KENMORE, Wash. – A sketchbook that might contain more than two dozen works of Pablo Picasso – or not – sold for $112,500 at an auction of abandoned items turned over to the state.
The inside cover of the book carries the artist’s name and a 1912 date. But auctioneer Tim Murphy warned the crowd of about 100 in the James G. Murphy Auction Co. facility in this Seattle suburb that they’d be taking their chances by bidding on the book and its 27 pen, charcoal or watercolor renderings.
The sketchbook was among hundreds of items up for auction after being turned over to the state Department of Revenue from safe deposit boxes whose owners hadn’t paid rent to the banks for at least three years. The department spent nearly five years trying to track down the owner or the owner’s heirs, with no luck.
“It is what it is. No guarantees, no warranties,” said Murphy, who added he really didn’t know where to start the bidding on the sketchbook, so he began at $10,000.
At least two people, a Seattle art collector and a Midwest resident bidding over the Internet, were convinced the book was authentic. When bidding nearly stalled at about $20,000, they dueled first at $1,000 a turn, and later at $2,500.
Several times it looked as if one or the other would give up, as Murphy would look to the bidder on the top row of the facility’s bleacher seats or the employee monitoring a computer screen and say “Last call.”
And up the offers went, to $100,000 then $110,000 and finally to $112,500, where the local bidder shook his head “No” to $115,000, and Murphy declared the sketchbook sold.
The local collector, who declined to give his name, said he has no doubt the sketches are the work of Picasso. He jumped into the bidding around $15,000 because he was surprised it was going so cheaply. Sold individually, some of the sketches could sell for $100,000 or more if they are real and the book is authenticated, he said.
“If it had gone to $100,000 or $200,000 right away, I wouldn’t have bothered,” he said.
It might also have sold for seven figures at one of the large New York auction houses frequented by art collectors, he said. “I’m surprised there weren’t more collectors or interested people here.”
If he’s right, the winning bidder got a good deal, the Seattle collector said. Asked why he stopped when he did, the collector said that was all he was willing to spend because much of his money is tied up in other things: “I’m invested in real estate, not little pieces of paper.”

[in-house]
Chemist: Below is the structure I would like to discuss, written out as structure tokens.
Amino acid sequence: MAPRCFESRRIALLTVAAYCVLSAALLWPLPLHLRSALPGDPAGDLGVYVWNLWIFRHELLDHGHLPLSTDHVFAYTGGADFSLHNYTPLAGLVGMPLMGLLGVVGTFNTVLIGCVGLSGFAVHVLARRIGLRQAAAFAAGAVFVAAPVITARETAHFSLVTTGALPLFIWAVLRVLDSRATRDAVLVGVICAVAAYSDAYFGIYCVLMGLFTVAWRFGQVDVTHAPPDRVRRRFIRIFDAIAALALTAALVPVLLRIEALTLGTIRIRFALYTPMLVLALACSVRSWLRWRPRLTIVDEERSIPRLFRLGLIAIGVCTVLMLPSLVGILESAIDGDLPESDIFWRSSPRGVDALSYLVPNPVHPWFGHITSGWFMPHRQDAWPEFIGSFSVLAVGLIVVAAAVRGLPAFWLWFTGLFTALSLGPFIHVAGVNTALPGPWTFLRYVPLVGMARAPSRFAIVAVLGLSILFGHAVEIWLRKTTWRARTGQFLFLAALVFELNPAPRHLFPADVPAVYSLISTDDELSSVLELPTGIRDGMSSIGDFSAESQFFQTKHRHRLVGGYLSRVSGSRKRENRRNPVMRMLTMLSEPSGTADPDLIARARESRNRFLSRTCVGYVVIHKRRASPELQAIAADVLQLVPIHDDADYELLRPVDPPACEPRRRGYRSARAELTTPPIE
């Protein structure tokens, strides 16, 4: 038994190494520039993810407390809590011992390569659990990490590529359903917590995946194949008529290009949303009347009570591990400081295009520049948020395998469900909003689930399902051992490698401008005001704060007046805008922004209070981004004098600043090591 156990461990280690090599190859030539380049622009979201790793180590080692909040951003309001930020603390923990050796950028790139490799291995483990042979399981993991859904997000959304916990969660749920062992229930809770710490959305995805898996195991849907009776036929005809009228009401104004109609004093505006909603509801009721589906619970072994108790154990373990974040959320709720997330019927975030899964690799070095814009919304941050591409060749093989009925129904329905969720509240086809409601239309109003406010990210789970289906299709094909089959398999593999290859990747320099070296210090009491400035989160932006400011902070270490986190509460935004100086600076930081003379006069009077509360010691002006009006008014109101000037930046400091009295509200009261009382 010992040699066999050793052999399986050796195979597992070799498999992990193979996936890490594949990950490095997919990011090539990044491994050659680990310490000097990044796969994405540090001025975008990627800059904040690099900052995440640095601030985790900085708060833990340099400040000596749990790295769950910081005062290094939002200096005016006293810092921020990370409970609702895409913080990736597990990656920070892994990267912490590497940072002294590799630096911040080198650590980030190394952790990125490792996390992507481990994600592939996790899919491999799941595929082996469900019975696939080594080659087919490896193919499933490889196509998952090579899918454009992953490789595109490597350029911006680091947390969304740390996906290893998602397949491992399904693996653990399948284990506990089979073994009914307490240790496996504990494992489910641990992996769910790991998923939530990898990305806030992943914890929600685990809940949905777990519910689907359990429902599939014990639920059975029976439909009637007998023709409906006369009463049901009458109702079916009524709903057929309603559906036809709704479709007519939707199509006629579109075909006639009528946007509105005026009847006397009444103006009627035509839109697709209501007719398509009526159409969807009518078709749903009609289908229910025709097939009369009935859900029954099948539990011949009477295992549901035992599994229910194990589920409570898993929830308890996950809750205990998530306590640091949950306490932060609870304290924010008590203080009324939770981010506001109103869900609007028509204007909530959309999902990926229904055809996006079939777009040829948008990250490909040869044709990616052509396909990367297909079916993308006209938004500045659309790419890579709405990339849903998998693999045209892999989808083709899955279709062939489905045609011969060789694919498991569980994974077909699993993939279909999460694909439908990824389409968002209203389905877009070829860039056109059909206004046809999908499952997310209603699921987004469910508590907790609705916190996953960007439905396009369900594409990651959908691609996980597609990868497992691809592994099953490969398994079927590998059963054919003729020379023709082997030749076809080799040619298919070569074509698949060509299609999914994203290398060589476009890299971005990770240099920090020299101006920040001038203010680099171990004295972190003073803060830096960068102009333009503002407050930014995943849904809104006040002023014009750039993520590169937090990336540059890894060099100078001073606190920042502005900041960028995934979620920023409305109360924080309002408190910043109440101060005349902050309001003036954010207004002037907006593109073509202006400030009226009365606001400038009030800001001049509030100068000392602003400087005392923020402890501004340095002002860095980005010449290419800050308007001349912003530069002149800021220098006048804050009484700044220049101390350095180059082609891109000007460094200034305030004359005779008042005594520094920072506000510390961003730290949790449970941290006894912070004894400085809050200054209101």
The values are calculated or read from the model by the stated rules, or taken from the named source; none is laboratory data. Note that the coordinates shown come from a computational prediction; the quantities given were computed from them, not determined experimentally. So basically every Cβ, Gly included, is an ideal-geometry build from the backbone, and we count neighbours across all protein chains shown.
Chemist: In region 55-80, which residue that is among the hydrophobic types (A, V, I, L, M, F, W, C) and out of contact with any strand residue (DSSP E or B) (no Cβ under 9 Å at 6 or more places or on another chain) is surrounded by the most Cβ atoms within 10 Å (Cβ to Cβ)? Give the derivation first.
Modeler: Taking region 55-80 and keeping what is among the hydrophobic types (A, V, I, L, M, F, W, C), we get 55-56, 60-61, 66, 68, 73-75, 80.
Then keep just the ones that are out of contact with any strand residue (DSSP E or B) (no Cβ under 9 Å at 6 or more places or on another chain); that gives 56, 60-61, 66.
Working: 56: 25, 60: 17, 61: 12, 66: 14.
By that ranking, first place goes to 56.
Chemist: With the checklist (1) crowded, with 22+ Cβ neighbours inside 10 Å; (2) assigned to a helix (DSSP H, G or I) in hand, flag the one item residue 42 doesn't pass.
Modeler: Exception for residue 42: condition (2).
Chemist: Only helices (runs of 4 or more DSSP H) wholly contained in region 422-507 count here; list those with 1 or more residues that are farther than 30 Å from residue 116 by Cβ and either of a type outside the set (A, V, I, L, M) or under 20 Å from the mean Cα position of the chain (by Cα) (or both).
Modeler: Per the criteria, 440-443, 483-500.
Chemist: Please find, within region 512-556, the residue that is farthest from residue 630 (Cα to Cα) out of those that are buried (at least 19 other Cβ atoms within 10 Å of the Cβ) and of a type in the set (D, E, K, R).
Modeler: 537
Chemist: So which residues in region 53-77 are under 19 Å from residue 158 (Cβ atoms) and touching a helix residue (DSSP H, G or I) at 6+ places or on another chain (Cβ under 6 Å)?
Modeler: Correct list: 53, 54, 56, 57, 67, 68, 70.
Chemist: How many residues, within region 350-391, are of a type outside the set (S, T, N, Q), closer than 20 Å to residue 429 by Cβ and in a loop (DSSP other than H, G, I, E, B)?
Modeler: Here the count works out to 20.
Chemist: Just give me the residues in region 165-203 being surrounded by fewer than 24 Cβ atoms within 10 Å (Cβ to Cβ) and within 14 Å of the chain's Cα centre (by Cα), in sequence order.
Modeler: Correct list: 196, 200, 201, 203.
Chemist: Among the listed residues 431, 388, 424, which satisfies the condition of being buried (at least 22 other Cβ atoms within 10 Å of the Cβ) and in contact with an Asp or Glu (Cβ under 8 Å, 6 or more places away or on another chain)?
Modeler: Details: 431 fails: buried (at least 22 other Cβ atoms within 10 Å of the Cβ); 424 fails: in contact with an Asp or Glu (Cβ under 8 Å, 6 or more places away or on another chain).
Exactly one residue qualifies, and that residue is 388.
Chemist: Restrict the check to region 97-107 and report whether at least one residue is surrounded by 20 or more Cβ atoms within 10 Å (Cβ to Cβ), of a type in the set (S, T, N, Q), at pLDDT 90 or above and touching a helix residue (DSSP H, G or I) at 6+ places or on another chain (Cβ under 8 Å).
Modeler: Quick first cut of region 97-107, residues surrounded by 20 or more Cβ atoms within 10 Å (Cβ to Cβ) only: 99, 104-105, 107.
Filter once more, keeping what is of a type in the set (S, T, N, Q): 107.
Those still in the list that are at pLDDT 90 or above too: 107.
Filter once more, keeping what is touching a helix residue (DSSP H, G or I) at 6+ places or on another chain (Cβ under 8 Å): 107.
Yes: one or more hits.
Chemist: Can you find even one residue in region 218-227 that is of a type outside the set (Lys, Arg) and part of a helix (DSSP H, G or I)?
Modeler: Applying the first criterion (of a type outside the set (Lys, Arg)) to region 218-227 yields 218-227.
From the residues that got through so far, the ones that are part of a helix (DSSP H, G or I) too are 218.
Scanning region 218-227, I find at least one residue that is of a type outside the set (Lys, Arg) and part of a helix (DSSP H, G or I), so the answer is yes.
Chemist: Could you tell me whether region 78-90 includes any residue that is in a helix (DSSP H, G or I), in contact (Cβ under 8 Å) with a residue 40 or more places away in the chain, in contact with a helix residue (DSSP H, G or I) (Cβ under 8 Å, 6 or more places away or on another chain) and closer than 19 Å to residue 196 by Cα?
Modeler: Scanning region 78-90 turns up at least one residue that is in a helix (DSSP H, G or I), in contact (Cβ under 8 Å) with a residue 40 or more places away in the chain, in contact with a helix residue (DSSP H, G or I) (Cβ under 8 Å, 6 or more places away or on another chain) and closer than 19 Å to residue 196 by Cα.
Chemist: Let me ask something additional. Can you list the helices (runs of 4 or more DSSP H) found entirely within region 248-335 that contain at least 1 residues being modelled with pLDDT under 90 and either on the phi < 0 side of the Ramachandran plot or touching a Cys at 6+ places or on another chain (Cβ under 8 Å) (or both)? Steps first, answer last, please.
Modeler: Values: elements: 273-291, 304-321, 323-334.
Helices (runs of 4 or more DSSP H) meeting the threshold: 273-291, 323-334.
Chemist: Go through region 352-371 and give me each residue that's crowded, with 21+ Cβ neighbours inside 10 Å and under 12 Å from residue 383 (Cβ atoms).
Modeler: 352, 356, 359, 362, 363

The winning bidder told auction employees he wished to be identified only as a Midwest resident and otherwise remain anonymous “at this time,” Ray Gombiski, the company’s advertising coordinator, said.
Every few years the state Revenue Department auctions off unclaimed items found in safe deposit boxes that renters have stopped paying on. Like most such auctions, this year’s had a wide variety of coins, jewelry and watches squirreled away and forgotten in the locked boxes.
But the sketchbook was something unusual for the department. The book 27 depictions of nudes and landscapes carries Picasso’s signature – or a pretty good representation of it – on the inside cover. One of the landscapes is also signed.
The sketchbook appears to be in line with what Picasso was sketching in that period, Gombiski said. It was meticulously stored, with a sheet of tissue paper between each page.
But the auction house did not have the six months to a year it could take to authenticate the artworks, he said. The Revenue Department was told the process might cost as much as $10,000, which would come out of its budget if the sketches weren’t Picassos.
“It’s just one of those balancing acts we have to do. We decided let’s let the market determine the value,” department spokeswoman Kim Schmanke said.
The auction house allowed prospective bidders or their art experts to view the sketches but had no idea what it would bring until the bidding stopped.
The department maintains a website where people can check for any unclaimed items the state is holding in their name. State law doesn’t allow it to reveal the person who rented the box with the sketchbook, but Schmanke said at one point the department located someone who claimed to be the legal owner. When it came time to present proof, however, that person didn’t show up and the state hasn’t been able to find him.
The money raised for all items in the auction must be held in trust by the state until claimed by the owner or an heir.
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